What else have we got? So, too much chaos is a problem, but also, too much order. So with our equation here, let's say you hold your goal constant, which is good, and you are iterating this variable, here, right? But you just don't seem to be getting any sort of progress or improvement from this equation, all right? What does that mean? Well, what it means is you probably got too much order. And you can have too much order by having a limiting array of variables that you're trying here, all right? So, you're a bit too convergent, and what you need instead is to be a bit more divergent. You need a wider array of things to iterate with, here. And what you really want to do is invite more chaos into this variable. And how you do that is really through randomness. You know, I'm stuck on something, and I'm trying to find, and I'm iterating through different things, and I'm stuck. I will always use my friend randomness.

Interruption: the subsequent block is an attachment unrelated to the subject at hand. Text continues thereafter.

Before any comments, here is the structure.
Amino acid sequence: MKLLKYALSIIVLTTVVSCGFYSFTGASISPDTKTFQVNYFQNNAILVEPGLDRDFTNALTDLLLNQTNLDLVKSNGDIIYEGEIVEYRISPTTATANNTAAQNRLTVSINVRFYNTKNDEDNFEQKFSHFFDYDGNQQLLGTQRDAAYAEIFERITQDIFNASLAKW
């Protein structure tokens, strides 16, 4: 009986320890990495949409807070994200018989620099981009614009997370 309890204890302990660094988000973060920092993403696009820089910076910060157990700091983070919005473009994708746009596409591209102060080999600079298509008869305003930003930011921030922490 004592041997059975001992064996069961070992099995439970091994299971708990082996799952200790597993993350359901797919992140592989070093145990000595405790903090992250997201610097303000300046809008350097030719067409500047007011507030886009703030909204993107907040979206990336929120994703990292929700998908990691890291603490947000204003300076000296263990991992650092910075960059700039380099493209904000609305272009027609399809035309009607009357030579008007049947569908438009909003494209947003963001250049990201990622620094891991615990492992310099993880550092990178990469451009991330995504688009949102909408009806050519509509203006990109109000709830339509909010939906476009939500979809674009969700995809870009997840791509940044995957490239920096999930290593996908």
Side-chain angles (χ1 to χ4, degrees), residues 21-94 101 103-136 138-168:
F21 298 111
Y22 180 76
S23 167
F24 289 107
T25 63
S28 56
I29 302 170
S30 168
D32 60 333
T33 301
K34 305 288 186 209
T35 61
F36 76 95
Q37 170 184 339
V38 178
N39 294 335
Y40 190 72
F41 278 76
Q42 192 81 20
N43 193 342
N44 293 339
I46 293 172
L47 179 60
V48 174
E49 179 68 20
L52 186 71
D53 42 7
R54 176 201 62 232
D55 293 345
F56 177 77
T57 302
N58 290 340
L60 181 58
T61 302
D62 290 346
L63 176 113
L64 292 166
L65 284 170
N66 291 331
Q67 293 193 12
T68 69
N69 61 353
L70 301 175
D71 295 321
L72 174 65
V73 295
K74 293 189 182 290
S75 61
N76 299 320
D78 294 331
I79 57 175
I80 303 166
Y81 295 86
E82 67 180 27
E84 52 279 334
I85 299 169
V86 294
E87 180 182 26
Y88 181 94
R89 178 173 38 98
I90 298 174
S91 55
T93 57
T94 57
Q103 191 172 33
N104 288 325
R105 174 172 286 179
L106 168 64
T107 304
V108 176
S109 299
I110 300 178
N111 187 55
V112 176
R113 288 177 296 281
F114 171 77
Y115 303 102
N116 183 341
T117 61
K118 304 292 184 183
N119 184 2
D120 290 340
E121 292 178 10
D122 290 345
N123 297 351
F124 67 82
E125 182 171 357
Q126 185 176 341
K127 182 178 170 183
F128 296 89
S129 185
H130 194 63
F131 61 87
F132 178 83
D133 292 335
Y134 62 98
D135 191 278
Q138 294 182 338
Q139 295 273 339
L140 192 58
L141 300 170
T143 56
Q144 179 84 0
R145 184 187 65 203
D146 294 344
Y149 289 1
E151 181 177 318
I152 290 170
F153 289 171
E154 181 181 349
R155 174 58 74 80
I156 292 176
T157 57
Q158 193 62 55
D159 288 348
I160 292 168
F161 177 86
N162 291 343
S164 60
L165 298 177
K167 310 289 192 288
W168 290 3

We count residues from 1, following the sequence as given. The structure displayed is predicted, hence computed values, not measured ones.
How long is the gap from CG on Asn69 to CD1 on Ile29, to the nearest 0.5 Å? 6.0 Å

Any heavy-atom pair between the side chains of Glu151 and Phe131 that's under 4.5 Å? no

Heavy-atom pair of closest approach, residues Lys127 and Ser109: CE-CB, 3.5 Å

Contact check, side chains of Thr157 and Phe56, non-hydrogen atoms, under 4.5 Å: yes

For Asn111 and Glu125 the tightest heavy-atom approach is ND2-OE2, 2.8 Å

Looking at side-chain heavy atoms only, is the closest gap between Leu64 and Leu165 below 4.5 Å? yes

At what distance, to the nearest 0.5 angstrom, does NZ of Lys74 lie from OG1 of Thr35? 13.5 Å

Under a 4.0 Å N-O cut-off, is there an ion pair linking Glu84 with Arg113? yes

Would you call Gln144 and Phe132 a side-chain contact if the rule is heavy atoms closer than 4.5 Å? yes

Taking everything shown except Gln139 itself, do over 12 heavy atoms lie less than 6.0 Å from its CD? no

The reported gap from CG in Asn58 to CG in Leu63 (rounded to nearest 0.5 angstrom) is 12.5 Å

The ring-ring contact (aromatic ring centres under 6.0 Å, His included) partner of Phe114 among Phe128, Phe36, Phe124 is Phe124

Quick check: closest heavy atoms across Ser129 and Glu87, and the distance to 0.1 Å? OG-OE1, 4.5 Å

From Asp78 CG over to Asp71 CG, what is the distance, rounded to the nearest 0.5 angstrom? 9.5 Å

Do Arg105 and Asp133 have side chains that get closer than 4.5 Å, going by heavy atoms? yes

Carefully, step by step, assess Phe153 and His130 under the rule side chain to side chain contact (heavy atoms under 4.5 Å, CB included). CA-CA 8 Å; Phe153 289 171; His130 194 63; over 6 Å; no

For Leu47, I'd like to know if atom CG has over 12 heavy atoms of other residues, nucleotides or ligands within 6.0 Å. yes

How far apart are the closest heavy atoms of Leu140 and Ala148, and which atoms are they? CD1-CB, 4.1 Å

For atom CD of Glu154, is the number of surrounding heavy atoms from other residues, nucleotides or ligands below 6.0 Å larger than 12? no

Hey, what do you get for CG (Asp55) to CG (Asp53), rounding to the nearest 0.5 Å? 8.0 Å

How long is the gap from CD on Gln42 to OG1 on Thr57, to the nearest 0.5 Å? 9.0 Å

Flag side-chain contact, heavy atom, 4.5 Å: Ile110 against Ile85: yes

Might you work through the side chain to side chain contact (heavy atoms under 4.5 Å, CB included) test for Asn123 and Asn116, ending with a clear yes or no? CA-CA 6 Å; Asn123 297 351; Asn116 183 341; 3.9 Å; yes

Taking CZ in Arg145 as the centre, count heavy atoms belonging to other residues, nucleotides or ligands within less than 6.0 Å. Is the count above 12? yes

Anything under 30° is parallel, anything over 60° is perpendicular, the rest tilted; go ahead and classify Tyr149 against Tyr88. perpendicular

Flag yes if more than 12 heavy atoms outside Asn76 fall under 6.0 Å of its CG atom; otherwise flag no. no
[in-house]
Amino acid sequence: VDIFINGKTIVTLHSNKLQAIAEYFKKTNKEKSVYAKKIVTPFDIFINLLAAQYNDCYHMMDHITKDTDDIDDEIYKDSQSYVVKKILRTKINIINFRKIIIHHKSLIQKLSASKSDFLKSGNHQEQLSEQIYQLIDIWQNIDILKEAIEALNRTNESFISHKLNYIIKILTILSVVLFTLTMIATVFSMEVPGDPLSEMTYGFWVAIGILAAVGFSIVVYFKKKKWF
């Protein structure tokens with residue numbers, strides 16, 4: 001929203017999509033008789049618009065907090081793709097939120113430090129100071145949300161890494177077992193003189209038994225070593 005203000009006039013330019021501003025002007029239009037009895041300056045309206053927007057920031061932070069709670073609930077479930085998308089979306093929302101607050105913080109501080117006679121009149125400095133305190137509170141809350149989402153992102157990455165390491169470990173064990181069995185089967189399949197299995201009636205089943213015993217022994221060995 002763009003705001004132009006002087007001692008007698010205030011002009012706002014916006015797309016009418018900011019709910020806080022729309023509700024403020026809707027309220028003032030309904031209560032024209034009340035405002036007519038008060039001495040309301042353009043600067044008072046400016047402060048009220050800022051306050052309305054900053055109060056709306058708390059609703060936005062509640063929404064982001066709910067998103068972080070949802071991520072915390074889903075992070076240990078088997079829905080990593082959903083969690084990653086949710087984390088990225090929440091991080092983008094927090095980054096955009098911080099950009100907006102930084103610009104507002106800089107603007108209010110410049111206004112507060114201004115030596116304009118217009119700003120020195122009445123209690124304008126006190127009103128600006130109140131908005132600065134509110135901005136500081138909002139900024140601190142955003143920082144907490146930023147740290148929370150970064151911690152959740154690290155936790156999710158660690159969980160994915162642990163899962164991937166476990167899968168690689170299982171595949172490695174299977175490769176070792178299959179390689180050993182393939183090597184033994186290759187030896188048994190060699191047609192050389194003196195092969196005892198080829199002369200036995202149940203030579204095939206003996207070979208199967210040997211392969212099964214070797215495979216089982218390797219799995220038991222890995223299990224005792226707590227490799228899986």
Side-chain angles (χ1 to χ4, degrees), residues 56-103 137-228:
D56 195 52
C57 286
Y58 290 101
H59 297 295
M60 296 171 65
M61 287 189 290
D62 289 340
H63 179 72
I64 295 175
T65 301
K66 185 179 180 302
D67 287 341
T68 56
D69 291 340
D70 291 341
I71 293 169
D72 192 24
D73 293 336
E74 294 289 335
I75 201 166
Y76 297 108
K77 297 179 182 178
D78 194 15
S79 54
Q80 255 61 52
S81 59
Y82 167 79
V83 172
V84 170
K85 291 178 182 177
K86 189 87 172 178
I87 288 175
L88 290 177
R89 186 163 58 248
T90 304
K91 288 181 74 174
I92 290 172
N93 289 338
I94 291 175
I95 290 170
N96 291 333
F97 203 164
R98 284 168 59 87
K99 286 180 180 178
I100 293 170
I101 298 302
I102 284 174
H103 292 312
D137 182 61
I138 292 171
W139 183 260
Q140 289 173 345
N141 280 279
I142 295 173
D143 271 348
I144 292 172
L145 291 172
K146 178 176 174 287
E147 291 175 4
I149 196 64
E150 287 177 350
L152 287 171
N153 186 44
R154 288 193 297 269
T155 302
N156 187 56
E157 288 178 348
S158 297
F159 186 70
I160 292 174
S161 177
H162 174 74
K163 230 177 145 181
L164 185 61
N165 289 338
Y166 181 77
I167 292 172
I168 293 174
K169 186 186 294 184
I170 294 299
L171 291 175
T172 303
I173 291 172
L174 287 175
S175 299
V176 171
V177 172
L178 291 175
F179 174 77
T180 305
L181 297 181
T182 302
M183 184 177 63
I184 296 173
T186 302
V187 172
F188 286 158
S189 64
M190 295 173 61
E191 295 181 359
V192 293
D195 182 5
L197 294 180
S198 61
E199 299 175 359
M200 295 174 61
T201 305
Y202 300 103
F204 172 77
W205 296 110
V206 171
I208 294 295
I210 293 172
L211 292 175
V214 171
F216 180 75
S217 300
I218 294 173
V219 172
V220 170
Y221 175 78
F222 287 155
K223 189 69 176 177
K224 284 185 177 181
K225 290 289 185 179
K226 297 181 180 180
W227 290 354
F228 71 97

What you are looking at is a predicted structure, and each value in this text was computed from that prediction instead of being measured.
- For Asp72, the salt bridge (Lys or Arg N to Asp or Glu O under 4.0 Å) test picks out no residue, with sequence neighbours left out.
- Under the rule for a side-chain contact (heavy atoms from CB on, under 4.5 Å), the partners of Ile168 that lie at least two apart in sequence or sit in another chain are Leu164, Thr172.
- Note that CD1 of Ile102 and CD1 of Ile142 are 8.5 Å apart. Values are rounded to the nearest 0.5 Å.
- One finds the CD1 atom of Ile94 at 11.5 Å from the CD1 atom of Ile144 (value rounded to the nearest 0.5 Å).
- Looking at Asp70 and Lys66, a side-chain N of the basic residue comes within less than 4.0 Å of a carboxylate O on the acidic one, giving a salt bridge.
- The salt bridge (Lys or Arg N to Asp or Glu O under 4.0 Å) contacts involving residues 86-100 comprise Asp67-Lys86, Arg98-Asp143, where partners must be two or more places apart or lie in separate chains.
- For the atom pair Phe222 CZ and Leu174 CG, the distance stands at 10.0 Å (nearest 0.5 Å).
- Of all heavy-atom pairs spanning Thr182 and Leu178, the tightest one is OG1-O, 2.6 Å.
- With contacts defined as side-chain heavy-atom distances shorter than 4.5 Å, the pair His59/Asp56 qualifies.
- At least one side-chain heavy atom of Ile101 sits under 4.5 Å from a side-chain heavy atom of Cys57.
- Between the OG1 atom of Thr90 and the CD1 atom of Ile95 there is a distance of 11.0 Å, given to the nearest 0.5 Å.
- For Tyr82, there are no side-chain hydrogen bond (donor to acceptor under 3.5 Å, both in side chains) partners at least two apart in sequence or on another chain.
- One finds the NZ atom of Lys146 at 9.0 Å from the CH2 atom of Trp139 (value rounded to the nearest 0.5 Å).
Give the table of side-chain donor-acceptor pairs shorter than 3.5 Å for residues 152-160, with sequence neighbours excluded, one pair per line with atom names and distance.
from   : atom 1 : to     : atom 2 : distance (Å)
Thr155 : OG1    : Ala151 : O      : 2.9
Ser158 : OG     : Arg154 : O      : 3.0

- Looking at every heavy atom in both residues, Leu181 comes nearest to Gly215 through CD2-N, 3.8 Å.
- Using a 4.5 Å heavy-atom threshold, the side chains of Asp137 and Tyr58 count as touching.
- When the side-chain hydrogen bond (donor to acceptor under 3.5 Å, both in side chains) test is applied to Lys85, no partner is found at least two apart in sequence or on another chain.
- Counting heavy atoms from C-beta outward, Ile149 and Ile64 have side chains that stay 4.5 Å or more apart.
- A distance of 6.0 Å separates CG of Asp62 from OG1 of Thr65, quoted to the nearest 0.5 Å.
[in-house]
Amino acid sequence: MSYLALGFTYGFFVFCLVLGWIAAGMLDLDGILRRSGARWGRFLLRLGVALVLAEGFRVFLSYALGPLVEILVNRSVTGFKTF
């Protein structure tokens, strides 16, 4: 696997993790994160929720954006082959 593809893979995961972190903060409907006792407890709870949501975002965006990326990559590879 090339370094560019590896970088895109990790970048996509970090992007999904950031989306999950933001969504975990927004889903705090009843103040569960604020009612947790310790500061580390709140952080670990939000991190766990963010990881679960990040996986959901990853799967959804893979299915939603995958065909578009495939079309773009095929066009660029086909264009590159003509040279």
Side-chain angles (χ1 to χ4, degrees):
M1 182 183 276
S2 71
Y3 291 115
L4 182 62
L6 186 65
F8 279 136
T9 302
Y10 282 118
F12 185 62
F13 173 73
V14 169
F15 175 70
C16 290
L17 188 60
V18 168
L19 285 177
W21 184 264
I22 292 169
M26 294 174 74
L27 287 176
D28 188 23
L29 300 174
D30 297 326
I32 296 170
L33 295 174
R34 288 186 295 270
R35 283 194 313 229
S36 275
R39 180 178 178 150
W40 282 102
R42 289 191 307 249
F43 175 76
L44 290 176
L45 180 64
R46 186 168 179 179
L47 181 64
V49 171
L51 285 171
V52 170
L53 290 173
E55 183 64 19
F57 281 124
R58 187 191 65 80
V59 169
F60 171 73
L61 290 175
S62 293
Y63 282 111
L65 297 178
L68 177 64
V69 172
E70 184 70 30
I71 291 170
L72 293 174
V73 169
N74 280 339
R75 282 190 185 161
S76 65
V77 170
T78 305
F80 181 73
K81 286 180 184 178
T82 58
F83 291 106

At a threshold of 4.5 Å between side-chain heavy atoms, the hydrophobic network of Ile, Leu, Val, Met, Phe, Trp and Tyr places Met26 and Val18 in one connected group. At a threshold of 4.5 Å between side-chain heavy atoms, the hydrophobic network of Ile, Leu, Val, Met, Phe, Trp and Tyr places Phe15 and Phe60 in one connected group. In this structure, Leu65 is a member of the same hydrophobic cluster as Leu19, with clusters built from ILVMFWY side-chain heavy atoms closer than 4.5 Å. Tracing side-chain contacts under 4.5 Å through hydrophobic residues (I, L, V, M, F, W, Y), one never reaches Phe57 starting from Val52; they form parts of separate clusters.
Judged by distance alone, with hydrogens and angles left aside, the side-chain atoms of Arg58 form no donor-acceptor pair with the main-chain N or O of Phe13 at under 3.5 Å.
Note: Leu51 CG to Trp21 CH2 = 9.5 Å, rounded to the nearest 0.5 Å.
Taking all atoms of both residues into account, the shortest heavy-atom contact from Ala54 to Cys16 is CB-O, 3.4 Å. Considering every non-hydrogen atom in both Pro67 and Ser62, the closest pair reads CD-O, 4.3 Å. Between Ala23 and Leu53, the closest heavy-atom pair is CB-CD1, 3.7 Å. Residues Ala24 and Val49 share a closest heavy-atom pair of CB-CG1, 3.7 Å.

And what I do, is, I'm not even joking right now, this is honestly what I do, if I'm stuck and I can't think of something, I will just walk over, pick up a random book off my bookshelf, and flick to a random page in it, and drop my eyes down to a random paragraph in it, and just read it. And whatever that tells me there, like whatever that idea is, or whatever, it generally gives me some totally random, new idea or perspective on something. And I'm like, "All right, let's try that." And I'll put that into here, and then see how that goes. Because really, when you have too much order, it's when you have a limited range of things for this variable. And this is where that saying, doing the same thing over and over again, and thinking for a different result is like the definition of insanity. It's actually not, but that saying says that, and that saying's quite true.